Yves Saint Laurent: The Last Collections Review

Yves Saint Laurent: The Last Collections Review

Although never referenced by Paul Thomas Anderson during the time of Phantom Thread’s release, it has been suggested that French filmmaker Olivier Meyrou’s Yves Saint Laurent: The Last Collections (known as Celebration in the US) served as inspiration for the Daniel Day Lewis-led drama. In many ways they work as perfect companion pieces, with Meyrou’s documentary returning to the House of Woodcock to observe the master dressmaker draining the last of his energy resources to release one final collection.

Yet it’s taken 20 years for Meyrou to release his film after Saint Laurent’s personal and professional partner, Pierre Bergé, stopped it from seeing the light of day despite making its premiere at Berlinale in 2007. And to a degree you can understand why, as the film reveals the designer looking incredibly frail and a pale shadow of his former self, and while it remains non-judgemental, it doesn't paint the most flattering image of Bergé himself. Saint Laurent passed away the following year, and it wasn’t until Bergé had a sudden change of heart a short while before his own death in 2017 that the film could finally be shown to the public.

Shot between 1998 and 2001 Meyrou’s film captures the end of an era, a feeling crystallised by Saint Laurent during an on-camera interview: "I'm the last couture house with a living couturier." There is no recollection of how he has changed women’s fashion over the past four decades, with the assumption made that viewers are already aware of his legacy. Gucci took ownership of the house in 1999 and a few years later Saint Laurent would eventually retire and withdraw from public view almost entirely.

Not that he hadn’t already become noticeably reclusive by the late ‘90s. Celebrating Saint Laurent’s birthday with friends and colleagues we see Bergé raise a toast and acknowledge that the creative joy of the past 40 years have also destroyed much inside the man himself. It’s something we see through Meyrou’s lens as it observes the designer often looking lifeless and disengaged with those around him, only coming to life when interacting with models and the stunning dresses, that like Reynolds Woodcock, carry his spirit while robbing him of his own.

Bergé remains a prominent figure throughout, overseeing the finer details as preparations are made for Saint Laurent’s last collection of designs. He comes across as both controlling and protective, shielding his partner from problems lower down the chain and ensuring everything runs to order. During a conversation with a feature-writing journalist Bergé comments that Saint Laurent is best left to “sleepwalk” in order to create, before acknowledging that he is far from happy. Meyrou cuts away at this point and it’s a moment that perhaps reveals more than Bergé intended. Without having the full inside track there’s no way of knowing the dynamics of their relationship but his words potentially change the context of everything we are shown.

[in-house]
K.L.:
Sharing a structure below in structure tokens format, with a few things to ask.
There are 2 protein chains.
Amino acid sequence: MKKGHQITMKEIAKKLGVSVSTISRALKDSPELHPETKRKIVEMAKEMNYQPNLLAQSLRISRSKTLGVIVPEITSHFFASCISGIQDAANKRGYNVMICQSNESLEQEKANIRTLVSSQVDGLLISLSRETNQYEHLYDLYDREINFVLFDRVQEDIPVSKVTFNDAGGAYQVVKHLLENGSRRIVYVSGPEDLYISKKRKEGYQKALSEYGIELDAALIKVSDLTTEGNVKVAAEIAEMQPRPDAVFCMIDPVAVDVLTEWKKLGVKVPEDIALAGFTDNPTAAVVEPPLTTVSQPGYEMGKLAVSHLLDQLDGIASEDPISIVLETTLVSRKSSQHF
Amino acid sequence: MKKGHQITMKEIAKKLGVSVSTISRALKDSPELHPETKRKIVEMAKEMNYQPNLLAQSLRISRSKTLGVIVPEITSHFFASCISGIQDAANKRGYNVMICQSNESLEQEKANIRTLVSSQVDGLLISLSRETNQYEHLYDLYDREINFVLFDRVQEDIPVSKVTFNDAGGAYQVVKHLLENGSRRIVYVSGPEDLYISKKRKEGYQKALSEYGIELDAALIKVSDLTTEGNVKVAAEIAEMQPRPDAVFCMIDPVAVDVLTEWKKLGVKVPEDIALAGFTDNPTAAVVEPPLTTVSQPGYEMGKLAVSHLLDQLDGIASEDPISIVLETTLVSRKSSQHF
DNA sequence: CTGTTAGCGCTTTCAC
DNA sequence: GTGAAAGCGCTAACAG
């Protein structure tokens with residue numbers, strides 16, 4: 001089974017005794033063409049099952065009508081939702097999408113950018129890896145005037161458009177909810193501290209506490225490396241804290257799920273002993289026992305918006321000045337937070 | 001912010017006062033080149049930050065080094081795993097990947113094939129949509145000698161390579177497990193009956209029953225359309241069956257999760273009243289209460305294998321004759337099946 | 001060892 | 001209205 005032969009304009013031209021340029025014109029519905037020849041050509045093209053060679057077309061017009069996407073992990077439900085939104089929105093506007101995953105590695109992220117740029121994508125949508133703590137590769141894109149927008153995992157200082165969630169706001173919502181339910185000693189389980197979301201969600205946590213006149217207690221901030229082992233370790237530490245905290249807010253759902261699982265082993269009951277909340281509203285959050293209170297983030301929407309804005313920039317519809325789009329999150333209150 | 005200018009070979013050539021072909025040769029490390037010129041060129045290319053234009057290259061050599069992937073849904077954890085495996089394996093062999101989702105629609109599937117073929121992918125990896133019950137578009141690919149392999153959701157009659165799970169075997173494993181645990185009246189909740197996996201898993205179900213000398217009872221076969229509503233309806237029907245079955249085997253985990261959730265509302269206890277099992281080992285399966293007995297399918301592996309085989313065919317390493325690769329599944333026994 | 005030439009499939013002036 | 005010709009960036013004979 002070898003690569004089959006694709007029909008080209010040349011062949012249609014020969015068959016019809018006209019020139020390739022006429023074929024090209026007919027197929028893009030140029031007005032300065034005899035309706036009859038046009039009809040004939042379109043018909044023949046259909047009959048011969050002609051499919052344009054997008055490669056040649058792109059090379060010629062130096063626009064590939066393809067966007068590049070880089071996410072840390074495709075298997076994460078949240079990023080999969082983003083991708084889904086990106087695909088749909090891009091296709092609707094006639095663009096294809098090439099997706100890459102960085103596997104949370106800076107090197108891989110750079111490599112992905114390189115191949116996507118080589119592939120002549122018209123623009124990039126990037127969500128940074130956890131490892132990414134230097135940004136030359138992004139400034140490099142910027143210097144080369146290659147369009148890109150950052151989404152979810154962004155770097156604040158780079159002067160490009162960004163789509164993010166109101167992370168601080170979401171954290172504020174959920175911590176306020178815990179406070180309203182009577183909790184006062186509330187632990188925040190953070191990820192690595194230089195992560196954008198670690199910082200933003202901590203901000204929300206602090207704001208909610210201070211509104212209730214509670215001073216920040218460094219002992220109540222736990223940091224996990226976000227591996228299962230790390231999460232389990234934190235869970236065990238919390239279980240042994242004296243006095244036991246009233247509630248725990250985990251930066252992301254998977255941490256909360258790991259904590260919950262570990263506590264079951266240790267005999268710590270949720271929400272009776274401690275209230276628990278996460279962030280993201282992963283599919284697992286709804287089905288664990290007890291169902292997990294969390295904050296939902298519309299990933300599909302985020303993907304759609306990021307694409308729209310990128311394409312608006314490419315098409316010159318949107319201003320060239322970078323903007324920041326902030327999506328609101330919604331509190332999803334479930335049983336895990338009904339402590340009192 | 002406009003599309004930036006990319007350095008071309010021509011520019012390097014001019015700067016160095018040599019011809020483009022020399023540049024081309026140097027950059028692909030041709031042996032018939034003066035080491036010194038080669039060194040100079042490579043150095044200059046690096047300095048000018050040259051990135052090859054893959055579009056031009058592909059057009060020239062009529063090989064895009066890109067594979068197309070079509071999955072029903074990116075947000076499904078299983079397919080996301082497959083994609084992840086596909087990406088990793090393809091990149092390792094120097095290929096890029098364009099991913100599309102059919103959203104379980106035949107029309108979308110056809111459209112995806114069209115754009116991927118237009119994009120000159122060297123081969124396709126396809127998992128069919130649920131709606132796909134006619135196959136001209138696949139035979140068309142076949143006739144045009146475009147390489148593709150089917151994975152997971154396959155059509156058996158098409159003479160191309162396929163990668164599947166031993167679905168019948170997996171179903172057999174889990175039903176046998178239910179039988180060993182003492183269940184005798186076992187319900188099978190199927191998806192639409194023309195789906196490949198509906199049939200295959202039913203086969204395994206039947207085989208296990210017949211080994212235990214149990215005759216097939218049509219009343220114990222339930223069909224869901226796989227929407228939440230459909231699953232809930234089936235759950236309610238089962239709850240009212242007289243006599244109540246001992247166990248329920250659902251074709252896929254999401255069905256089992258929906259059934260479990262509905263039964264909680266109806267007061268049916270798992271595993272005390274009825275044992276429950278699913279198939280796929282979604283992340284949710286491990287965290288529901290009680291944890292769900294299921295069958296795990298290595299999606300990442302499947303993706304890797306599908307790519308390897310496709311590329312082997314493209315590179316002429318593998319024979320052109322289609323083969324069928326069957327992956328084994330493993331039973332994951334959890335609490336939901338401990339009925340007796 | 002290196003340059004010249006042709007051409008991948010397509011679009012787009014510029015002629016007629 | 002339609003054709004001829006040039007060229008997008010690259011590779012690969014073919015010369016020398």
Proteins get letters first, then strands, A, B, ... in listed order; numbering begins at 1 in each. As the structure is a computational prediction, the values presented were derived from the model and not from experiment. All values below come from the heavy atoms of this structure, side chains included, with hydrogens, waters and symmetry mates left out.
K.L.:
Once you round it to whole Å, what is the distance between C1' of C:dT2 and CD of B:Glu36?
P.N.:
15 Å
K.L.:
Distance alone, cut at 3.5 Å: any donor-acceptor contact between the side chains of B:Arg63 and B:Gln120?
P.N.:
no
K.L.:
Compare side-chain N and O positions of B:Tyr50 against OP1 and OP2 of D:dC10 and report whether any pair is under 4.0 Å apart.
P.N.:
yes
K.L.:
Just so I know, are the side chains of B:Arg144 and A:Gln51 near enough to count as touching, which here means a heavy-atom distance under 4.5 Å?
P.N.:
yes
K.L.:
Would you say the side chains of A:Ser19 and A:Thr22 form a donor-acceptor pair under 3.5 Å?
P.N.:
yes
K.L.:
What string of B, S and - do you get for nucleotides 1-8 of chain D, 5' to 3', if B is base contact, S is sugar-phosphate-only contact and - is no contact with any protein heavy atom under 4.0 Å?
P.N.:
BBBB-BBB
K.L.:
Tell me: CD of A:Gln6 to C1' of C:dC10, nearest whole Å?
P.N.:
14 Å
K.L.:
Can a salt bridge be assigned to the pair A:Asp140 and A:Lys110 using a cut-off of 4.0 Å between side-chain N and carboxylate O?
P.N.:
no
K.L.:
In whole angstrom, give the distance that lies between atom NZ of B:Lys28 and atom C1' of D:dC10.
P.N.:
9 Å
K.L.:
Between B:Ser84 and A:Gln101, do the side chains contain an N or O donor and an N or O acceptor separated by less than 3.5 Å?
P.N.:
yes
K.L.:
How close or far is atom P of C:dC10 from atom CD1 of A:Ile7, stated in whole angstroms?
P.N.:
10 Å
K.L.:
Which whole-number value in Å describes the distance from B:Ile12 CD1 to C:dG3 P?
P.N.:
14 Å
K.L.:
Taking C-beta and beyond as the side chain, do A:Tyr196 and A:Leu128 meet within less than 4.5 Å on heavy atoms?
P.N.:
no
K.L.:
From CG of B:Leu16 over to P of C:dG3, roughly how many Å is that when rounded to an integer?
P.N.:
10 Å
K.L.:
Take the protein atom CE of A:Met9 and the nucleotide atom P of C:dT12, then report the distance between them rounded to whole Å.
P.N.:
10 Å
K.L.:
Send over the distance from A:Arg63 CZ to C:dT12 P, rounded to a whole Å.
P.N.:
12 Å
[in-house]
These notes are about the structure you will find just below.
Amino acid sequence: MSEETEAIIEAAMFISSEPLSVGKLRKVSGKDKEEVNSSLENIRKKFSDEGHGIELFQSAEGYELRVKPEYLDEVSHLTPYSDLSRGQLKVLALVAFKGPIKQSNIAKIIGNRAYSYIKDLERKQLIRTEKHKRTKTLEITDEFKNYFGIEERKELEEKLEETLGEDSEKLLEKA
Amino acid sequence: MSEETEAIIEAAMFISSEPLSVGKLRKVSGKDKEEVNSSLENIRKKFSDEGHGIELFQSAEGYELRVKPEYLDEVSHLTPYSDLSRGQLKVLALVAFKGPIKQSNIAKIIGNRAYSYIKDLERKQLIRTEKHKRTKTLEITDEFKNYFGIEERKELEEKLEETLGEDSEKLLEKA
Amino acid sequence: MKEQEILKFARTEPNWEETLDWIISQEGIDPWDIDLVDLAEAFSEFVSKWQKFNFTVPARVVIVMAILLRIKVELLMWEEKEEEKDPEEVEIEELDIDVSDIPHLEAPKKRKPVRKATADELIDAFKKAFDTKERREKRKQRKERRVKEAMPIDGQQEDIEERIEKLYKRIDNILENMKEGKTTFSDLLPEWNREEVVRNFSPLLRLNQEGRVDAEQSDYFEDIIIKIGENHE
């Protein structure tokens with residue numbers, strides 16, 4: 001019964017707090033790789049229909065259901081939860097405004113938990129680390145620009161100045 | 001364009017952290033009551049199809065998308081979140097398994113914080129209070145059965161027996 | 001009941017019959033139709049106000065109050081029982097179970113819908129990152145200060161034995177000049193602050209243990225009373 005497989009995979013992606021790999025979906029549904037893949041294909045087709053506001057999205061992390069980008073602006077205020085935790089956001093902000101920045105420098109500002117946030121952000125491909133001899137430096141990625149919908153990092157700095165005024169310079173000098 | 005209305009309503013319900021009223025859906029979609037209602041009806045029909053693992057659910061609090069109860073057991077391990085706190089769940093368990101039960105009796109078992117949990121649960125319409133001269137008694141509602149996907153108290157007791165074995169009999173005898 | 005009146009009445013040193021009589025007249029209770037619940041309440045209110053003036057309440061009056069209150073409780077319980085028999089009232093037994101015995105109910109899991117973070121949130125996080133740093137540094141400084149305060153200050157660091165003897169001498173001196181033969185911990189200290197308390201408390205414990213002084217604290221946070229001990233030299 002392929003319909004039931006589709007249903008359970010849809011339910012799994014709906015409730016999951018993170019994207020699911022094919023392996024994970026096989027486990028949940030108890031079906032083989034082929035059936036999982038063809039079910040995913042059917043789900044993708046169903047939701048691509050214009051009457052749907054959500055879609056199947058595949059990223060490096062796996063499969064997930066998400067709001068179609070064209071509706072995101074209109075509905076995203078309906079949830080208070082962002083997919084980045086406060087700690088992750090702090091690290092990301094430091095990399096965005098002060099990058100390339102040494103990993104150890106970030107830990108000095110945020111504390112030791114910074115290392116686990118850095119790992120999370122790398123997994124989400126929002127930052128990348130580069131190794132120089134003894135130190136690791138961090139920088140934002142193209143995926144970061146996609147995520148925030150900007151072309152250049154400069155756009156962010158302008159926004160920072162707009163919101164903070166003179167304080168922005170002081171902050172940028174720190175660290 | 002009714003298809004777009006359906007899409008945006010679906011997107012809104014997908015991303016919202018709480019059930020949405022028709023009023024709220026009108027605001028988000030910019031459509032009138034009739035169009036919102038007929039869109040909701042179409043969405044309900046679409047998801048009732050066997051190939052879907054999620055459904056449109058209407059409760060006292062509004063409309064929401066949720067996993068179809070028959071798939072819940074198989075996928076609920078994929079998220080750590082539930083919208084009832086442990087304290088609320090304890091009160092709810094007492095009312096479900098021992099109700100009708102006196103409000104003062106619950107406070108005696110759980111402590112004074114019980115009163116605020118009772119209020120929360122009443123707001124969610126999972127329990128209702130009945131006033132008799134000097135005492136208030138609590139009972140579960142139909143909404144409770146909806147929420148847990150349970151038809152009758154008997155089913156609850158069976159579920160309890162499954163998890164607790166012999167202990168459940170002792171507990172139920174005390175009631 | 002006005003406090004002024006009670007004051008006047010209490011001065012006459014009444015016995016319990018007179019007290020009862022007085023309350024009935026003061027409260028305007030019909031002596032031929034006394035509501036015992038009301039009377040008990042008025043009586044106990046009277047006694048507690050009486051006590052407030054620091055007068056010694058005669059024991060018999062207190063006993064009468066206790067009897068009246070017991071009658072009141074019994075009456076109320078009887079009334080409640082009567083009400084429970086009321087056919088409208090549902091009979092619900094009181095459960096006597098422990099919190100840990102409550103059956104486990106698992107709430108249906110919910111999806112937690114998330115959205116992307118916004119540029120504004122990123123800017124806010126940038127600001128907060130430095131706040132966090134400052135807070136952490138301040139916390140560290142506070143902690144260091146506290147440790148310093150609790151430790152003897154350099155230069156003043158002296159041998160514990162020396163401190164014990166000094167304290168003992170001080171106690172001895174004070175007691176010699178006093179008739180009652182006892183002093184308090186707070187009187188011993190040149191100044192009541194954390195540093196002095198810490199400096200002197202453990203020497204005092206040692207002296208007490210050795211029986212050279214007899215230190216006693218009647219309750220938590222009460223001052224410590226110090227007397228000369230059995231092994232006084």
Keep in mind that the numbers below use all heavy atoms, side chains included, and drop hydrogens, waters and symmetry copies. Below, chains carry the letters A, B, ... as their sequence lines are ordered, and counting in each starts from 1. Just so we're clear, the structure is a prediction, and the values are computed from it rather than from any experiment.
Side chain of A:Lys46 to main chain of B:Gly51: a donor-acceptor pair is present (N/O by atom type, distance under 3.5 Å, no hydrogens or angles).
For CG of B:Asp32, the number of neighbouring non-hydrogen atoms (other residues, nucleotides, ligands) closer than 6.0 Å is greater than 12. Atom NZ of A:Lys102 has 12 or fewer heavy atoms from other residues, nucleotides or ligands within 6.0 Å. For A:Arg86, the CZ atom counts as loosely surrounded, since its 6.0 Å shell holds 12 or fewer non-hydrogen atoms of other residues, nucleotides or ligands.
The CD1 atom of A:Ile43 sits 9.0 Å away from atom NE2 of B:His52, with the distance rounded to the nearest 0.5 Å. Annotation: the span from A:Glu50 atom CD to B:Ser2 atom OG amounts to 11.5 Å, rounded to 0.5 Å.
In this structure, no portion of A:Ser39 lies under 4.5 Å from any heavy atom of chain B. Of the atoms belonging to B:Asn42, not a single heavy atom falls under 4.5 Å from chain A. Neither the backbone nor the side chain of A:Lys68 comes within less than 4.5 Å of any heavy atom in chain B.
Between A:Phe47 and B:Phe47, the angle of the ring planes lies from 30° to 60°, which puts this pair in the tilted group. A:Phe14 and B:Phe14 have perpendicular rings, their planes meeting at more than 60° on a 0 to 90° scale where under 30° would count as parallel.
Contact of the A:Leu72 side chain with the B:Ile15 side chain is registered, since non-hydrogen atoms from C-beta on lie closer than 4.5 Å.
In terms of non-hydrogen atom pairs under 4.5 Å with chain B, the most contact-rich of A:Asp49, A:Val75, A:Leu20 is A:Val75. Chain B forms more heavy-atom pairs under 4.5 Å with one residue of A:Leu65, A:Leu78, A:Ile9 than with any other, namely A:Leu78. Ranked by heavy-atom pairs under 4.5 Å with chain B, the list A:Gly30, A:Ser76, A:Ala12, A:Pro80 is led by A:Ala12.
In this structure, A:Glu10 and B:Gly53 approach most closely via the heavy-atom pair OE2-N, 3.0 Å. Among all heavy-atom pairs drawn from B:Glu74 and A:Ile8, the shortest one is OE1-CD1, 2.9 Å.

Yves Saint Laurent: The Last Collections also offers a rare behind-the-scenes look at the dedicated craftspeople responsible for tailoring these unique, one-off pieces. Staff hover anxiously on the periphery waiting for judgement to be passed as models wearing freshly made outfits are sent in to be viewed by their boss (respectively called Mr. Saint Laurent by everyone bar Bergé). We are given a glimpse of the vaults where the dresses are stored after their fashion show run, the workers there wearing white lab-style coats and speaking of the “magic” contained within each item.

Meyrou’s film offers a compelling snapshot of an artistic genius, switching from colour to black-and-white (Saint Laurent almost shot exclusively in the latter) to contrast the growing distance between an iconic creator and the changing world around him. This is compounded further by François-Eudes Chanfrault’s science fiction-esque score that accents the uncomfortable feeling of watching a man being removed from his talent due to failing health. Not that there’s anything distasteful about the way Meyrou has captured the fading light of an artist, as it respectively upholds the mystery Saint Laurent and Bergé worked so long and hard to curate.

Yves Saint Laurent: The Last Collections can be streamed on MUBI from October 30.

Overall

Despite running at a light 75 minutes, this is a documentary that keeps its distance yet still gets to the heart of its subject.

8

out of 10

BFI London Film Festival 2019

Discover the World's Best New Films

We need your help

Running a website like The Digital Fix - especially one with over 20 years of content and an active community - costs lots of money and we need your help. As advertising income for independent sites continues to contract we are looking at other ways of supporting the site hosting and paying for content.

You can help us by using the links on The Digital Fix to buy your films, games and music and we ask that you try to avoid blocking our ads if you can. You can also help directly for just a few pennies per day via our Patreon - and you can even pay to have ads removed from the site entirely.

Click here to find out more about our Patreon and how you can help us.

Did you enjoy the article above? If so please help us by sharing it to your social networks with the buttons below...

Latest Articles